Reducing planned waiting times
£4m fresh investment to support reform
An initiative to cut waiting times and improve the way planned care services are managed is to be rolled out across Scotland thanks to £4m funding.
The ‘Access Collaborative Programme’ is a different way of bringing patients, clinicians, and other NHS staff together to look at ways patients can receive timely and accessible care.
A key focus will be on ensuring patients won’t be asked to travel unnecessarily and securing better access to specialists across the country through methods such as consultations with clinicians over secure virtual networks.
The programme will reduce planned waiting times by improving communications between staff working in the community and in hospitals to identify the right clinician and treatment, and streamlining patient care to minimise or eliminate unnecessary processes.
Health Secretary Shona Robison said:
“We’re committed to delivering the investment and reform necessary to ensure our NHS evolves to meet the changing needs of the people of Scotland. This new £4 million programme will help deliver the infrastructure needed to do just that.
“Not only will patients receive a better all-round standard of treatment, but it will reduce the pressure felt on services and waiting times.”
Professor Derek Bell, Chair of the Academy of Royal Colleges, who will lead the Access Collaborative, said:
“Demand for acute care services is outstripping the capacity to deliver services in virtually all developed health services across the world – indeed all UK health systems are struggling to meet growing demand.
“In Scotland over the last two years, overall performance in emergency care services has been consistently better than elsewhere in the UK. This is down to the innovative framework and principles jointly commissioned by the Scottish Government and professional bodies like the Royal Colleges delivering patient benefit.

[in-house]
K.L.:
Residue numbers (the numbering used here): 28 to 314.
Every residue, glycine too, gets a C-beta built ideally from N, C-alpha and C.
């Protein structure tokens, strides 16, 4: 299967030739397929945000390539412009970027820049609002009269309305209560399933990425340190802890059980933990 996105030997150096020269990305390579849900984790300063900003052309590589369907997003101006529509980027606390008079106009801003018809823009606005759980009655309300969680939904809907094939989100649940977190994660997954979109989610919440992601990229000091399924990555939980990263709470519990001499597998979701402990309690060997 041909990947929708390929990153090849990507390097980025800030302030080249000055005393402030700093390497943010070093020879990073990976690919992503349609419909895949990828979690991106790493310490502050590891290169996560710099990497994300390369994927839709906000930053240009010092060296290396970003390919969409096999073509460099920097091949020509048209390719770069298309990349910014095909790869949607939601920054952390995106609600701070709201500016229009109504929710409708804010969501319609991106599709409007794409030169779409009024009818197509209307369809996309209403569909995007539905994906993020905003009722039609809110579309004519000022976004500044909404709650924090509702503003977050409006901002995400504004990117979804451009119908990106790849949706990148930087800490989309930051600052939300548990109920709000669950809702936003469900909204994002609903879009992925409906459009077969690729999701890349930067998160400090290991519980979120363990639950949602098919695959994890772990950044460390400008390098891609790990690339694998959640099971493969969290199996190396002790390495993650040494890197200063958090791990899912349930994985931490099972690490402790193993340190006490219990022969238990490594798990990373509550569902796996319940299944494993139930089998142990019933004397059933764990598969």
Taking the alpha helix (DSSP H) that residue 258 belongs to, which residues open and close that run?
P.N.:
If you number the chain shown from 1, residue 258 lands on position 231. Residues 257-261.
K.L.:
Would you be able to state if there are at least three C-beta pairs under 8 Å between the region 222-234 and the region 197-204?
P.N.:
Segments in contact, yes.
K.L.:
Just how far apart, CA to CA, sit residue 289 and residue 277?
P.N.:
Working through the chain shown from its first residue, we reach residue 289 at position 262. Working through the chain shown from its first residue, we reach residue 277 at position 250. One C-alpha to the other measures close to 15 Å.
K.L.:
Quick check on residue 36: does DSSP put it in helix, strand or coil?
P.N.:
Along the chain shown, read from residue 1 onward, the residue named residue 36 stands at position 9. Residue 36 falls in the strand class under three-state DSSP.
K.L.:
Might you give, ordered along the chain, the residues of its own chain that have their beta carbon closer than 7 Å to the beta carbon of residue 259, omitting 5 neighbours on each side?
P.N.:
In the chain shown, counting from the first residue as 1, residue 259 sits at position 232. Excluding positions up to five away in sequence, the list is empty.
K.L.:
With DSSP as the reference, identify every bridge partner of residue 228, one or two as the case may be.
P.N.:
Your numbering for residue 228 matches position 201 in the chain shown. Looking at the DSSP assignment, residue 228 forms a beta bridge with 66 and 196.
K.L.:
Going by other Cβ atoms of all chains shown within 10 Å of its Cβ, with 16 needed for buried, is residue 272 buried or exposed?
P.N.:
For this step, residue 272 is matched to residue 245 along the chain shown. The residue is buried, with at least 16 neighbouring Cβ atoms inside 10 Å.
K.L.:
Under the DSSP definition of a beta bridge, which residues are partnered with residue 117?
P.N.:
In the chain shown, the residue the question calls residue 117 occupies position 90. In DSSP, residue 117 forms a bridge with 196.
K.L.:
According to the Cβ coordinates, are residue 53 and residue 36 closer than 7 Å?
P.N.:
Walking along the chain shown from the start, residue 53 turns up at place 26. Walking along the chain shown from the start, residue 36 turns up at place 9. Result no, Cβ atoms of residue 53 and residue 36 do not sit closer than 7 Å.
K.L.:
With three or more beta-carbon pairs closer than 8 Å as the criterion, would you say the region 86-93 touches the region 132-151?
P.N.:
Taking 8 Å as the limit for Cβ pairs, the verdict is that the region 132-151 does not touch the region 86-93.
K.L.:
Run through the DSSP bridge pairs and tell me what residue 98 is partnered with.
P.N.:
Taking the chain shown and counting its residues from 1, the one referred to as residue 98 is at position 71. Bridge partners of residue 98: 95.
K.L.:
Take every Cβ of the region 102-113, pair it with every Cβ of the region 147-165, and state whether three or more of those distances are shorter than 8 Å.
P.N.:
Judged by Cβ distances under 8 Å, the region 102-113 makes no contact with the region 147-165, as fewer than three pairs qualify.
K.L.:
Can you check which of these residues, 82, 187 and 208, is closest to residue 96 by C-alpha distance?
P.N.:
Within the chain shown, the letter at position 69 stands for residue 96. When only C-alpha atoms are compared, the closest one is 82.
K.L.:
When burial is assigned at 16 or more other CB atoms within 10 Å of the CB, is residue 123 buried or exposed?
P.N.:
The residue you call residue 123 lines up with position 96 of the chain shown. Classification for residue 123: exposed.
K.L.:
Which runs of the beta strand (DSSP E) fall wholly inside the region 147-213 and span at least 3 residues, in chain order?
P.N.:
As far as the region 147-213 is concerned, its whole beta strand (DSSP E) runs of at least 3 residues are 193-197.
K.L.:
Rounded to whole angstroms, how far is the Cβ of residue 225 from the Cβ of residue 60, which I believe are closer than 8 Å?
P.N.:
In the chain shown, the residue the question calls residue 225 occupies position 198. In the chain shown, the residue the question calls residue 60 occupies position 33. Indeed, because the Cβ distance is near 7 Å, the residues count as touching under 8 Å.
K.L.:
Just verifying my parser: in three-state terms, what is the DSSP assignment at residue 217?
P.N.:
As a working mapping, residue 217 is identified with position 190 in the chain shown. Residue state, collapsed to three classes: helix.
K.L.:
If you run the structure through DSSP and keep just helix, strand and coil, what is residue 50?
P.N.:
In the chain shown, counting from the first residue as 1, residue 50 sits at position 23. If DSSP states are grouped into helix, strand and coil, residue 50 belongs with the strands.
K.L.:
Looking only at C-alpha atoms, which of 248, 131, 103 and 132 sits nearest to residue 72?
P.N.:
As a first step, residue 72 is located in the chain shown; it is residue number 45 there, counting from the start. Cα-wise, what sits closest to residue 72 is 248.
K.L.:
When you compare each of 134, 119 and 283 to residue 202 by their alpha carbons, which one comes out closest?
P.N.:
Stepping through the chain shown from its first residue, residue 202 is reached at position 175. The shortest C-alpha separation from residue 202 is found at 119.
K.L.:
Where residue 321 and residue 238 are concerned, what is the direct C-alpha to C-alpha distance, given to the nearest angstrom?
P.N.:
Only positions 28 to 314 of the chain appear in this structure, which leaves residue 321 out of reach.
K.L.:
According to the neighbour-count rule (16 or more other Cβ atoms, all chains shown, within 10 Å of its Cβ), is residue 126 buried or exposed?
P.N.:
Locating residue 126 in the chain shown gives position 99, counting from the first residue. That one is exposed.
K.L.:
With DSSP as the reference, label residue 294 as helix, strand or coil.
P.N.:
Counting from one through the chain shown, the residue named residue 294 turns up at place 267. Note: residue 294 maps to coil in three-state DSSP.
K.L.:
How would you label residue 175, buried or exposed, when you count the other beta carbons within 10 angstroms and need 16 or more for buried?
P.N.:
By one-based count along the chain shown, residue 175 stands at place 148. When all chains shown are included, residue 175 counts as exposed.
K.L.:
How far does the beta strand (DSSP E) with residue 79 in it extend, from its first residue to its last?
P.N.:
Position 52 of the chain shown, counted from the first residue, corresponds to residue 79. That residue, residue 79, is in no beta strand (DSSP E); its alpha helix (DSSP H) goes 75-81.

“An elective access collaborative programme based on the key principles we’ve identified will address the significant growing pressures in elective and diagnostic service, add value to health care and improve patient care.”
Health Secretary Shona Robison will be visiting the Glasgow Royal Infirmary, where she will meet a patient who had been treated at the Virtual Fracture Clinic. This treatment centre is an example of the innovations being supported by the Access Collaborative. It allows clinicians to undertake telephone interviews with patients using their X-ray results, reducing unnecessary treatment for simple, but debilitating injuries, empowering emergency departments to manage straightforward injuries, and improving access to specialist orthopaedic care when it was most needed.
The key principles of the Access Collaborative programme are:
- Patients shouldn’t be asked to travel unless there is a clear clinical benefit and any changes should increase the capacity and sustainability of the workload for primary, secondary and social care in a balanced way.
- All referrals should be either vetted by a consultant/senior decision maker or “processed" via an agreed pathway/protocol.
- Referral and “destination” pathways, including patient “self-management” options, should be clear and published for all to see.
- Each hospital and referral system should have a joint and clear understanding of demand and capacity and how this matches with unscheduled care pathways and capacity.
- Clear understanding of access to diagnostics as part of Pathway Management.
- Improve metrics including how we record and measure virtual/telehealth/tech enabled care.
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